Friday, October 28, 2005

Proof that I invent things to worry about

This is a comment Mr. NK often makes about me. I used to deny it, but you know what, I think he's right.

I mentioned that I'm ovulating about now. Got a positive OPK today. We are, uh, trying not to leave things to chance on the timing. If I don't get pregnant this month, it won't be because we timed it wrong.

Anyway, it occurred to me that I'll be ovulating about Day 24-25, almost two weeks later than the 'average' Day 14. The chemical pregnancy threw things off by about a week to ten days. Anyway - if I DID get pregnant, would this be a problem? My "LMP" is October 6, but if, say, I had an ultrasound at 6 weeks "LMP," it would show almost nothing, because I'll really only be two weeks past conception, not 4. How do doctors handle this? I don't want to be told that a pregnancy is not viable if it really is. Plus, since my next baby will be delivered by C-section a week or two early, it would be bad for my dates to be off by two weeks.

Of course I would tell the doctor I was charting and using OPKs, but I've heard many anecdotes about doctors blowing off the idea of charting. (Dr. S sure did.) I'm wondering if, were I to get pregnant this month, or any month that I ovulate significantly later than the norm, would it be a better idea to be vague about my last period, and throw out a date that would line up better with the conception date?

Like I said...inventing things to worry about. I ought to concentrate on actually getting pregnant first.


At Friday, October 28, 2005 10:50:00 AM, Blogger Catherine said...

First of all, do NOT lie to your doctor about dates. And if your doctor dismisses your charting or anything else, find a new doctor. Any doctor unwilling to pay attention to all the information is a me on this.

At Friday, October 28, 2005 10:52:00 AM, Blogger NervousKitty said...

This comment has been removed by a blog administrator.

At Friday, October 28, 2005 10:56:00 AM, Blogger NervousKitty said...

I wouldn't be able to lie, I know. And whenever I do get pregnant, I'm sure I'll be monitored so much that they'll figure it out. It's just on my mind. Is it common for doctors to blow off the charting thing? I've certainly heard of it and experienced it - but then again a high-risk doctor would be more likely to take it into account, right?

At Friday, October 28, 2005 11:17:00 AM, Blogger Lorem ipsum said...

Yeah, don't fudge.

As for the charting, depends on the doctor. My OB thinks it's only a recipe for mental distress, but my RE thinks it's fine. But then when I start progesterone he wants me to use OPKs ALSO. So he's all for predictive methods.

I like the idea that God helps those who help themselves. If I were a doctor, I wouldn't want a totally uninformed patient.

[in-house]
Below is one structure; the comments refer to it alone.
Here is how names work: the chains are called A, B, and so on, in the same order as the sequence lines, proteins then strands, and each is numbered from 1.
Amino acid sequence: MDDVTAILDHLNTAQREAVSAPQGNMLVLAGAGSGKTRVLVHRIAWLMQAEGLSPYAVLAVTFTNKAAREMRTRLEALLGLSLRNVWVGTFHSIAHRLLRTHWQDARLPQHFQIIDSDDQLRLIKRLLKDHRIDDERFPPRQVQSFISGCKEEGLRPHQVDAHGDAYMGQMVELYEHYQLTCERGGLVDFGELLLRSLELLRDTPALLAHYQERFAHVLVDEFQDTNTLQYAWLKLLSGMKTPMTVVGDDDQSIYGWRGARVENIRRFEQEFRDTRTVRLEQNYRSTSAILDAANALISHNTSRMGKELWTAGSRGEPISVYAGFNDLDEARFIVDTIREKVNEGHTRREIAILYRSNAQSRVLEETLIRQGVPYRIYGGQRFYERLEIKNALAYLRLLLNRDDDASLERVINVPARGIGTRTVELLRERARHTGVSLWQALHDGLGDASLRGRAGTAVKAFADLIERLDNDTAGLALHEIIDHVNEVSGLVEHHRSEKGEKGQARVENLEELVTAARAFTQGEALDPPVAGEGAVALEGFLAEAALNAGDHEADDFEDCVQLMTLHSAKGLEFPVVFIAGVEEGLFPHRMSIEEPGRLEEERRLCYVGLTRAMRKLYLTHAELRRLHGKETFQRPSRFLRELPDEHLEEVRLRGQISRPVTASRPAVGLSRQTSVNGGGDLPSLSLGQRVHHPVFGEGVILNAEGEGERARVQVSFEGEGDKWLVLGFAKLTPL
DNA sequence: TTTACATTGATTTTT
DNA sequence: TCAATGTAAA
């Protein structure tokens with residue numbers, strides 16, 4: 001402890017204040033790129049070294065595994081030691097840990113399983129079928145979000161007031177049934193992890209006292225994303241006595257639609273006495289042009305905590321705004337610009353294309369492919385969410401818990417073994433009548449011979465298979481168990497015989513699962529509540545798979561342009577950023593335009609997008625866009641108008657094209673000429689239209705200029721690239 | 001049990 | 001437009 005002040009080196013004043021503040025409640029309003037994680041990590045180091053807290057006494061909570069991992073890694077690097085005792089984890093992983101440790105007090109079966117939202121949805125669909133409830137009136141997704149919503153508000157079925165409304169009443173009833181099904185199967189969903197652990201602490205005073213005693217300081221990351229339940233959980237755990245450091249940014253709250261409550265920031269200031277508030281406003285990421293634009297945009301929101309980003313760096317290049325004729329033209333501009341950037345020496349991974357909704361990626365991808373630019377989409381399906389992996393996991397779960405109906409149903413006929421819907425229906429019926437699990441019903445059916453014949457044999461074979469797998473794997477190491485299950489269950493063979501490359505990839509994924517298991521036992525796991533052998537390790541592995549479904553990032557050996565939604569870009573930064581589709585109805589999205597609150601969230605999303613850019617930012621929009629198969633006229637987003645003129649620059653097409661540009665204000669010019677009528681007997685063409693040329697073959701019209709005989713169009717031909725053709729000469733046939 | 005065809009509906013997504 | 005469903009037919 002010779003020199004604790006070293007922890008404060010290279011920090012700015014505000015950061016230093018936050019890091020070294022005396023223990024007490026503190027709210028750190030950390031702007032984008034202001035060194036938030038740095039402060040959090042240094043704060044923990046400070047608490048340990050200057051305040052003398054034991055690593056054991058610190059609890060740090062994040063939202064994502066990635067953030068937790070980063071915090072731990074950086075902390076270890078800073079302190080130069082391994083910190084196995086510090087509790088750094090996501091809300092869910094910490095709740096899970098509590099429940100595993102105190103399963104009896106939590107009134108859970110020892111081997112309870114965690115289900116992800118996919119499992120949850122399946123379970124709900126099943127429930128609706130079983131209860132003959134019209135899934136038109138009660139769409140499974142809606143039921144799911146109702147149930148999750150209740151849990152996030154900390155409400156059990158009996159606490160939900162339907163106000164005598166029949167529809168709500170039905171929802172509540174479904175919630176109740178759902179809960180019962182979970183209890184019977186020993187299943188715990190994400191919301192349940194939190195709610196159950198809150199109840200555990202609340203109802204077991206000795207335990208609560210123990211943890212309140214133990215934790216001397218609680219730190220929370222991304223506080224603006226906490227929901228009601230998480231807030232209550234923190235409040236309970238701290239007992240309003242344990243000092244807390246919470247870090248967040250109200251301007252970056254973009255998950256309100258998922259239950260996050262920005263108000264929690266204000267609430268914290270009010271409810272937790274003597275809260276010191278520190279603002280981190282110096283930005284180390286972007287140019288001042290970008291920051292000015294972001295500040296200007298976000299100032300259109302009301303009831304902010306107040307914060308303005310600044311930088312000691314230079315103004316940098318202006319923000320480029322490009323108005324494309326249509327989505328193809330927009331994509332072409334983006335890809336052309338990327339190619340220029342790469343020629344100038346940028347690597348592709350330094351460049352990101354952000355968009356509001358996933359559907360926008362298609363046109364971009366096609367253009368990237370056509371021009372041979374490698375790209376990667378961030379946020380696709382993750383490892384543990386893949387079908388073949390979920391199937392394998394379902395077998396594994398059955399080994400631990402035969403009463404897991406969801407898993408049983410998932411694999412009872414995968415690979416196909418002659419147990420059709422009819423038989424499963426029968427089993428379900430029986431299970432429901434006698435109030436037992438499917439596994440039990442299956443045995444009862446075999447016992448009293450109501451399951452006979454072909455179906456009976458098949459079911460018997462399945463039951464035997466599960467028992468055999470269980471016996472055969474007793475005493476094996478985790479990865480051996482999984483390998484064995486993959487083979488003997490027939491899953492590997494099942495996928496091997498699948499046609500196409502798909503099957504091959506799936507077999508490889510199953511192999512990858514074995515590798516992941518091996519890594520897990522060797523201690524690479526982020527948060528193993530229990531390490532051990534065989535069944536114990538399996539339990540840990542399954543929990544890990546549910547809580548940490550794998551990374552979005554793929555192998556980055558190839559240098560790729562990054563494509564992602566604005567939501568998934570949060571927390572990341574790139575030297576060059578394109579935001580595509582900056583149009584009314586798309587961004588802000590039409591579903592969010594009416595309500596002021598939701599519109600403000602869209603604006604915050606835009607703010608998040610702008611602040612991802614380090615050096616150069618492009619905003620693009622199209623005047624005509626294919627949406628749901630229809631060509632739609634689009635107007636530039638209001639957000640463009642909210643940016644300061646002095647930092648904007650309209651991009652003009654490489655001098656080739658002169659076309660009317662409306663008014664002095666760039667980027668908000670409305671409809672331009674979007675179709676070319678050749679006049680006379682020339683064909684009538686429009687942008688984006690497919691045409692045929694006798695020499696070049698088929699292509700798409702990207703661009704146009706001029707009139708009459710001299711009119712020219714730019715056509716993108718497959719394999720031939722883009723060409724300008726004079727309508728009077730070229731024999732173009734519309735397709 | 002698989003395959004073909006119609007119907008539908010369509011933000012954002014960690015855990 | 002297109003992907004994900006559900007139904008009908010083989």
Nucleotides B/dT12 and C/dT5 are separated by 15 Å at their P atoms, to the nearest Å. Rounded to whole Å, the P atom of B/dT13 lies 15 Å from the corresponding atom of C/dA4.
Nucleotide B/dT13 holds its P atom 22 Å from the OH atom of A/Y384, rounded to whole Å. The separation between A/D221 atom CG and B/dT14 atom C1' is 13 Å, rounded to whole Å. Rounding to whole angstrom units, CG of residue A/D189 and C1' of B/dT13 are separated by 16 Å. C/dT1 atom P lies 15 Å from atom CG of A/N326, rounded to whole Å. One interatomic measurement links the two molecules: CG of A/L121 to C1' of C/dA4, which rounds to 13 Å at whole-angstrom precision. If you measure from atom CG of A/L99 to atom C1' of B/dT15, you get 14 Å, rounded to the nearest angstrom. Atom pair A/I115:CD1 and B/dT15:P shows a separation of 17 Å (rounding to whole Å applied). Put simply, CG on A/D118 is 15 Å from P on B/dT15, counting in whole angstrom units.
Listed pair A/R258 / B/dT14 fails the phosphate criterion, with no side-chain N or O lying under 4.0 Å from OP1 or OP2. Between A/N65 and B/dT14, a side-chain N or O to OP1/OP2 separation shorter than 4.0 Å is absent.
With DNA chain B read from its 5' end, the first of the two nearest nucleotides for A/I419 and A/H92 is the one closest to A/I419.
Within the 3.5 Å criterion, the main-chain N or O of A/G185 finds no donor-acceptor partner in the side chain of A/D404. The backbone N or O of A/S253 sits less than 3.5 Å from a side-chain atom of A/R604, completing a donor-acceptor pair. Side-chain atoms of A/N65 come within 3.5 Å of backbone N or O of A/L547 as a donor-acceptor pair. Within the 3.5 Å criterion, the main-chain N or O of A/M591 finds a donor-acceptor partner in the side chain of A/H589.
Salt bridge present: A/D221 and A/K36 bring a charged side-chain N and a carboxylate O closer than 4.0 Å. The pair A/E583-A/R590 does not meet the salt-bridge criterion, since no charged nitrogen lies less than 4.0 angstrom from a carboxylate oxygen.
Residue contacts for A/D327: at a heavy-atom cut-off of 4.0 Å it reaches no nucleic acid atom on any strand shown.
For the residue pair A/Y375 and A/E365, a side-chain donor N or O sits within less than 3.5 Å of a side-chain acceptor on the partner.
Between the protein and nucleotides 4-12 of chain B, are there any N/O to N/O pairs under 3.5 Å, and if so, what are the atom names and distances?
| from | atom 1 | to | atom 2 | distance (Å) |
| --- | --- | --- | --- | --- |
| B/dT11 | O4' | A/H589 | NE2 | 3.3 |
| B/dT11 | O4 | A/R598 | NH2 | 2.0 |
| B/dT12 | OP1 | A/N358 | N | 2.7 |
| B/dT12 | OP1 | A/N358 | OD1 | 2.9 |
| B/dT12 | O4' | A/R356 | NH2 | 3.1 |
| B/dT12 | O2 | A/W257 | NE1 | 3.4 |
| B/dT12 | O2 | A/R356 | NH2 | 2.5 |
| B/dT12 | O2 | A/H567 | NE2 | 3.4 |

At Friday, October 28, 2005 3:14:00 PM, Blogger Mrs.X said...

Just tell him or her the truth.
Remember too that this new Dr is a high-risk one so more likely to understand and be patient.
Mr X tells me I invent things to worry about too. I think it's a good negotiating tool for a spa day! ;P

At Saturday, October 29, 2005 12:27:00 AM, Blogger lauralu said...

first, tell your dr what you know about when you ovulated. they should do a couple of betas right away, and from the range, they'll have some idea of date, which they'll then firm up with ultrasound. i'm amazed what they can tell on ultrasound. if they can't get a clear picture, they'll do it again a few days or a week later.

At Saturday, October 29, 2005 3:08:00 PM, Blogger Lisa P. said...

Your doctor may not agree about the late ovulation (some not only don't trust charting to pinpoint ovulation but also still believe everyone is a 28 day cycle) but from what I've heard that's not uncommon. Or as Catherine said, find someone who knows better. I would hope that's an easy thing to do, but I've heard a lot of anecdotal stories on FF about women who just disagreed with their doctor about their due date -- and then "delivered late".

At Saturday, October 29, 2005 7:58:00 PM, Blogger Ann said...

I would definitely bring in your chart with you if you get pregnant to show them when you ovulated. Doctors are certainly aware of the charting method and although there are some that may not agree with it I would say more agree than disagree.

It is not a big deal at all if you don't ovulate until CD 24 or is just difficult for timing but since you know then it shouldn't be an issue the doctor should be able to determine your date based on your ovulateion date rather than the first date of your period. I don't ovulate until CD 18 so I always go by my ovulation date for a more accurate due date.

Much luck this month!!!


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